Calorie In/Calorie Out

August 6th, 2009, by

Brian's comment from the "Grain-fed Cattle vs Grain-fed People" post:

Bill-

I tried explaining the paleo diet to a few runners this weekend after our weekly softball game and they had the same dietary mantra that I had before I got brainwash...I mean, before I learned from you. "It doesn't matter what you eat, if you burn off more than you put in, you won't gain weight." I tried to explain to them about body composition and the role of carbohydrates, proteins, and fats, but I'm pretty sure they just didn't believe me.

Is there a short, like no more than 2-3 paragraph answer to this common refrain that you have handy that we can all use?

Thanks.

Overweight individuals are not overweight because they ate too much and/or exercised too little. Instead, they are overweight because of the hormones in their bodies. You see, we all have the same hormones, but our lifestyles will dictate which ones are released and in what amount. Therefore, if you fuel your body improperly (i.e. frankenfoods) or stress your body too much (i.e. chronic cardio, lack of sleep, etc.) you will be promoting the production and release of hormones that may drive you to become fat. Once you are overweight, you will eat more and exercise less because that is the signal your body is now conveying. This happens because the hormones being produced in overweight people are triggering the fat cells to be greedy and not release the fat to be used by the body as energy. The body compensates by:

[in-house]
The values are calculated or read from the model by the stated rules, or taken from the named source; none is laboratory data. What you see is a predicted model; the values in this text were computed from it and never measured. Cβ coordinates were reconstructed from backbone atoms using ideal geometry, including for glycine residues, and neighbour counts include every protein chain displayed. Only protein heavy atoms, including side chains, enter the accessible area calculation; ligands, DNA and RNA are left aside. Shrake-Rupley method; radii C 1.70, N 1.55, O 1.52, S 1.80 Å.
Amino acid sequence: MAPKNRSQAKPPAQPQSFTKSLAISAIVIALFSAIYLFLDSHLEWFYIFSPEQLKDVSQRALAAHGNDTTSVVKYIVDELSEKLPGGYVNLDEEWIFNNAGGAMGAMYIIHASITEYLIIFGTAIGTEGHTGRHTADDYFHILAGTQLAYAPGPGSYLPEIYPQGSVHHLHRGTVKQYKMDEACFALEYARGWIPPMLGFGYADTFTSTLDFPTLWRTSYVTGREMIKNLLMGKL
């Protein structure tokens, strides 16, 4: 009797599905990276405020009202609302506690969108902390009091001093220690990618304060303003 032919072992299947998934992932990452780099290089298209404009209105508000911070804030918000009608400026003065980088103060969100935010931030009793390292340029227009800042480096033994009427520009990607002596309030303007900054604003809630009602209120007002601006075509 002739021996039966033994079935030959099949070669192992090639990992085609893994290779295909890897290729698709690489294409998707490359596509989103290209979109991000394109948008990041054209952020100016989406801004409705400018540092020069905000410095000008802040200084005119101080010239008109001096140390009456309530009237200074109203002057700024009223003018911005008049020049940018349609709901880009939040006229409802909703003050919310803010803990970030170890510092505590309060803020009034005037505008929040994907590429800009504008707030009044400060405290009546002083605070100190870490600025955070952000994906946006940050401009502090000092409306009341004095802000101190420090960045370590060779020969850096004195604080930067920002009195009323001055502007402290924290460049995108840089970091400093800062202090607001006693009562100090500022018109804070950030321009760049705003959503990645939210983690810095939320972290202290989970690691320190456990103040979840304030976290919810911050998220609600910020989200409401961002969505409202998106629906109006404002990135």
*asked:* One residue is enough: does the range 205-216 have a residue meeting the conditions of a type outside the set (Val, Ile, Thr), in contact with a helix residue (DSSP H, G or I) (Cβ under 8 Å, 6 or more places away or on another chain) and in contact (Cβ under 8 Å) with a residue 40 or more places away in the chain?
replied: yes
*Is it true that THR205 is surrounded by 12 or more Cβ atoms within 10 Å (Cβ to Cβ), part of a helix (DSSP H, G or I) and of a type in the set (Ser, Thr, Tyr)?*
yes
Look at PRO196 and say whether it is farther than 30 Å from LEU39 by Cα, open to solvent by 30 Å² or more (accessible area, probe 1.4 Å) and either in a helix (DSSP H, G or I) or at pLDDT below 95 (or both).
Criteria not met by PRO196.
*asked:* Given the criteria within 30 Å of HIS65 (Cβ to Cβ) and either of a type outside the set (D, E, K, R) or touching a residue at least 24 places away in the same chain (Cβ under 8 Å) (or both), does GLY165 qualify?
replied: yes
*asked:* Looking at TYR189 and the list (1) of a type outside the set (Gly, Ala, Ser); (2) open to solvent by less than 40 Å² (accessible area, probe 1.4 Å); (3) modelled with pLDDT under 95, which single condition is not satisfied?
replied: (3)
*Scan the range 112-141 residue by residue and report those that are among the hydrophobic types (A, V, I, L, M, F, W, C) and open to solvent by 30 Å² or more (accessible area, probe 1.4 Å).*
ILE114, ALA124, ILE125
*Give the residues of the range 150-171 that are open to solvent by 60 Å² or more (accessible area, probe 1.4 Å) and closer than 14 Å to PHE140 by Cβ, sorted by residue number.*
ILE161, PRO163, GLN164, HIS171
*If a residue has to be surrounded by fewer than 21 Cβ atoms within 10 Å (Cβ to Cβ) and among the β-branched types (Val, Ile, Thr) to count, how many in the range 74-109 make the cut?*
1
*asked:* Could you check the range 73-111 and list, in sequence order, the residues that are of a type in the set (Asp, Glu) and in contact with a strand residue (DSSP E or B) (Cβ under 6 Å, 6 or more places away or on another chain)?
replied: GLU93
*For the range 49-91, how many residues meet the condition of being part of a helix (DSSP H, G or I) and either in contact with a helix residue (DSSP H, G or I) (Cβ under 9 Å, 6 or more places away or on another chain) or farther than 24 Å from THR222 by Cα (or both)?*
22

1. going into conservation mode (i.e. inactivity/lethargy)
  2. signaling for more fuel through hunger/appetite.

A good example of this are growing kids. They don't go through growth spurts because they are taking in more calories than they are expending. Instead, they take in more than they are burning because they are going through a growth spurt. This means that the growth hormones in their bodies are signaling for an increase in energy so they can grow. Thus, the large appetites of children when they are growing.

Another good example would be someone who has been eating and exercising the exact same for a long time while maintaining a steady body weight and then they inexplicably put on a few extra pounds. This is because they have been following the calorie-in/calorie-out mantra for far too long and it finally caught up to them. They destroyed their inner workings to the degree that they are now insulin resistant and fat storing machines. The fat cells have become greedy and this will drive them to obesity unless changes are made to what they are eating, not how much.

1 Response to "Calorie In/Calorie Out"